Performance is still a mixed bag, with the camera more often than not struggling outdoors, but doing a surprisingly good job indoors. If you were to take the camera out during the day, it struggles to correctly measure the well lit and dark areas, and the resultant photos are more often than not washed out. But if you were indoors and shooting close-up or macro shots, the camera is surprisingly good. Thanks to a combination of laser auto-focus and PDAF, the camera manages to focus on a subject in a jiffy. The selfie camera is satisfactory, and there was hardly anything to complain about.
Let’s now get to what the Zenfone Max is good at, and by that we mean really good at — battery life. Asus has retained the mammoth 5,000mAh battery, and that is a good thing. On a single charge we were easily able to get past a day and half before we had to hunt for the charger. As you can see in the above screenshot, despite heavy usage we were able to get a screen time of up a whopping 11 hours with still four percent charge left. This usage involved two SIM cards (on roaming), two email accounts pushing notifications, Twitter, Instagram, Facebook, a constantly buzzing Slack, WhatsApp, calling and a bit of gaming. On a more judicial usage over a weekend, we were able to push that to 13 hours of screentime, which is simply unprecedented.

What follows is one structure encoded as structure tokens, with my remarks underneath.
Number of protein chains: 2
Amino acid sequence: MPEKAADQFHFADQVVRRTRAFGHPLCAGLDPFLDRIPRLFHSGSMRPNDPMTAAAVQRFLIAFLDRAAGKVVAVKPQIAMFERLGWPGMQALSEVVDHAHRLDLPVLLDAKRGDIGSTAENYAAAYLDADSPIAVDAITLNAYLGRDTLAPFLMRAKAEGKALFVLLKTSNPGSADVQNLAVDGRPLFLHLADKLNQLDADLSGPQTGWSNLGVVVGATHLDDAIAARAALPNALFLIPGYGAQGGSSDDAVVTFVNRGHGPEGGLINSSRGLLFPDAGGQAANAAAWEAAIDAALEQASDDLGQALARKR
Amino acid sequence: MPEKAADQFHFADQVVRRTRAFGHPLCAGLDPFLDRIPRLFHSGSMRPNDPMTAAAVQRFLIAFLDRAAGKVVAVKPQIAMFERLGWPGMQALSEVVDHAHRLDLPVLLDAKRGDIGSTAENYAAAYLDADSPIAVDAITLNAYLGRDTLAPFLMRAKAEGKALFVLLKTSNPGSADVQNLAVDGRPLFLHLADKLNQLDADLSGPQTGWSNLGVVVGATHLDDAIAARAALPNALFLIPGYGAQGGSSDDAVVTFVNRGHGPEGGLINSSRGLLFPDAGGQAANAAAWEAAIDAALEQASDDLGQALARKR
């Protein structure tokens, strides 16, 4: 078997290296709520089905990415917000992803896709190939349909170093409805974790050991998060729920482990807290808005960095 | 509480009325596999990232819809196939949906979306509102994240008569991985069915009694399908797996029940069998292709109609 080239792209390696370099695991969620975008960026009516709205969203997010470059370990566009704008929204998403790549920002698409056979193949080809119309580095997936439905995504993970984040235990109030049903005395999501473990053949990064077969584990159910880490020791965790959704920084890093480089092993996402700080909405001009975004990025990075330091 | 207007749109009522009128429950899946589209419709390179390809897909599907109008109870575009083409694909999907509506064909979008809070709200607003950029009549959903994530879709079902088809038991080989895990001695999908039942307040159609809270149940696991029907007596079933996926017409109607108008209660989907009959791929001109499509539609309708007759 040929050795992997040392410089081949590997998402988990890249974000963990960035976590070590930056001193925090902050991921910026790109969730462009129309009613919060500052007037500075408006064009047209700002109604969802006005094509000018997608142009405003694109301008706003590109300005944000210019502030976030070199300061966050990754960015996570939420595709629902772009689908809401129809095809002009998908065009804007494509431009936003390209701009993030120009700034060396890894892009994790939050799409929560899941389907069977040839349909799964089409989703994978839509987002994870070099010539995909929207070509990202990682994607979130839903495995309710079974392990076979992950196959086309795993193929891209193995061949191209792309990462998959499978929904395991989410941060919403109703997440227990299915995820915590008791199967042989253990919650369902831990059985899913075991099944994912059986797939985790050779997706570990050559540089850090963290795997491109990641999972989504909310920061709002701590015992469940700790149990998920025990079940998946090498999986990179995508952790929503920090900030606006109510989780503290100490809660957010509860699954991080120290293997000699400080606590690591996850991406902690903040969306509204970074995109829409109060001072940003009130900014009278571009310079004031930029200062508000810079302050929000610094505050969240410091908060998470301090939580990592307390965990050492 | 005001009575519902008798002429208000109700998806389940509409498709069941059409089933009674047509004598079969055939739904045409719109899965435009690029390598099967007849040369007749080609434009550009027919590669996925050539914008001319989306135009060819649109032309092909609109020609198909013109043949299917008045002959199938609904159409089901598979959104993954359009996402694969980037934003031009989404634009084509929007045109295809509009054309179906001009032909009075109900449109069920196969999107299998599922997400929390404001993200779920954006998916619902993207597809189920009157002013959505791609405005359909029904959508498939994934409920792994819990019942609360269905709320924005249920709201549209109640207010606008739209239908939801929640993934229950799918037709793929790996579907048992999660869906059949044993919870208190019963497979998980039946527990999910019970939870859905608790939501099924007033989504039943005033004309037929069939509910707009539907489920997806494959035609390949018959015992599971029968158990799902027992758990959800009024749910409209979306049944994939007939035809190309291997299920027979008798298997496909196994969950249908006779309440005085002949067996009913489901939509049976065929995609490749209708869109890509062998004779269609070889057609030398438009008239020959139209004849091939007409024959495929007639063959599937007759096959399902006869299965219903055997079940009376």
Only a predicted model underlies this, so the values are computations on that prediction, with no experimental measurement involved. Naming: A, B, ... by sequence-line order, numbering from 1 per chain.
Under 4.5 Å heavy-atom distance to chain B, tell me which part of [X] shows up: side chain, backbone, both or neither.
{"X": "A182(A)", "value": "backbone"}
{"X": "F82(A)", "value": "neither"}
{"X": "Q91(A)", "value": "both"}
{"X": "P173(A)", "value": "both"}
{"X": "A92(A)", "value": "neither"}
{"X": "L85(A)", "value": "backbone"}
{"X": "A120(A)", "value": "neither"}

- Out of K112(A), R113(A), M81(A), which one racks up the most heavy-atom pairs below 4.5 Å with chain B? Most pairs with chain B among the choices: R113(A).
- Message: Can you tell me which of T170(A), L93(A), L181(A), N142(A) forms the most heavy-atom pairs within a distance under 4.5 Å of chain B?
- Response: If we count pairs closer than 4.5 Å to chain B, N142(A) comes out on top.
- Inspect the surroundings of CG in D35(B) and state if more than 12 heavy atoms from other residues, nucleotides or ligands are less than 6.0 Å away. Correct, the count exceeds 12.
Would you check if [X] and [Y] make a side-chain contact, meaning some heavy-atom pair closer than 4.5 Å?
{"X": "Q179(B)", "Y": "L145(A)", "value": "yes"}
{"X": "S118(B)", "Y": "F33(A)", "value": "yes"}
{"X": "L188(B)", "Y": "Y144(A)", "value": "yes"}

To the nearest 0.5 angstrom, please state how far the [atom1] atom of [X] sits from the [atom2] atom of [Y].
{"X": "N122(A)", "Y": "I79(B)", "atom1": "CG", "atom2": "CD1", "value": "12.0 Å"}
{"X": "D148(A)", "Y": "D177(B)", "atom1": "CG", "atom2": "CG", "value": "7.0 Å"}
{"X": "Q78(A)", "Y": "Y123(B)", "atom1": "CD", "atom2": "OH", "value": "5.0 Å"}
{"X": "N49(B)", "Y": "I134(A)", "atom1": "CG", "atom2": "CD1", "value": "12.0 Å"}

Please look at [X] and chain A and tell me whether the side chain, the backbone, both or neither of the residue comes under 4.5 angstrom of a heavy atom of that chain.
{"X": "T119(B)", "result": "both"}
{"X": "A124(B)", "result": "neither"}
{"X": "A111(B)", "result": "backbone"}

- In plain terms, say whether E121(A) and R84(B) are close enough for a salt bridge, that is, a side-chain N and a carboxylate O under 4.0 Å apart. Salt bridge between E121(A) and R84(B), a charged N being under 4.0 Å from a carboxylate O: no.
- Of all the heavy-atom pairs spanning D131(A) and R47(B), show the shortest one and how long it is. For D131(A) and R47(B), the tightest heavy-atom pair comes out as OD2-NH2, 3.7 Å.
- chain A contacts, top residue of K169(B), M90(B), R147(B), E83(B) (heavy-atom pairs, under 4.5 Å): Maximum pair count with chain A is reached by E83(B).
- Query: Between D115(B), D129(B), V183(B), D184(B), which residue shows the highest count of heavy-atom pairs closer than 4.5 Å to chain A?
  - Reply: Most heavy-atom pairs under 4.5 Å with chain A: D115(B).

Unlike last year, Asus has bundled in an OTG cable with the new Zenfone Max. The smartphone allows two modes of reverse charging — OTG mode where you can continue using the phone, and Reverse charging mode, wherein you turn off the phone and charge a device using rapid charging at 1.5A. Using the reverse charging mode, we were able to charge an Apple iPhone 5s from zero to 100 percent in just over an hour. This process used up around 25 percent of the Zenfone Max’s battery.
This brings us to one issue that Asus has failed to address. The bundled charger is still inefficient, and the Zenfone Max is notoriously slow to charge. It took us on average around five hours to charge the phone from zero to hundred percent. It seems to be a small price to pay when you don’t really have to charge the phone every day, but on the days you have to, prepare to get frustrated.
Asus then has retained the best bits of last year’s Zenfone Max, and upgraded the internals too. But to be honest, the newer variant doesn’t feel all that different. The processor may have been updated, but the overall performance doesn’t seem all that different on a day-to-day basis, and the buggy UI doesn’t help its cause either. The pricing is also a tad baffling, as the difference between the 2GB RAM and 3GB RAM variants is Rs 3,000, despite the rest of the specifications and features remaining the same.
Since the launch of the Zenfone Max last year, the sub-Rs 10,000 and sub-Rs 15,000 segments have also seen some major changes. Buyers can now choose from popular smartphones like the Xiaomi Redmi Note 3, LeEco Le 2 and Lenovo ZUK Z1 to name a few. These offer much better set of specifications like full HD display, faster processor, cameras with OIS and features like metal body and fingerprint scanner at roughly the same price. Asus’ smartphone in comparison feels dated.
That said, the Zenfone Max is aimed at a particular kind of audience and has only one goal, which we must say it does really well. For those who are constantly on the move and require a phone that doesn’t run out of battery at the end of each day, there is nothing better than the Zenfone Max in this range. Period.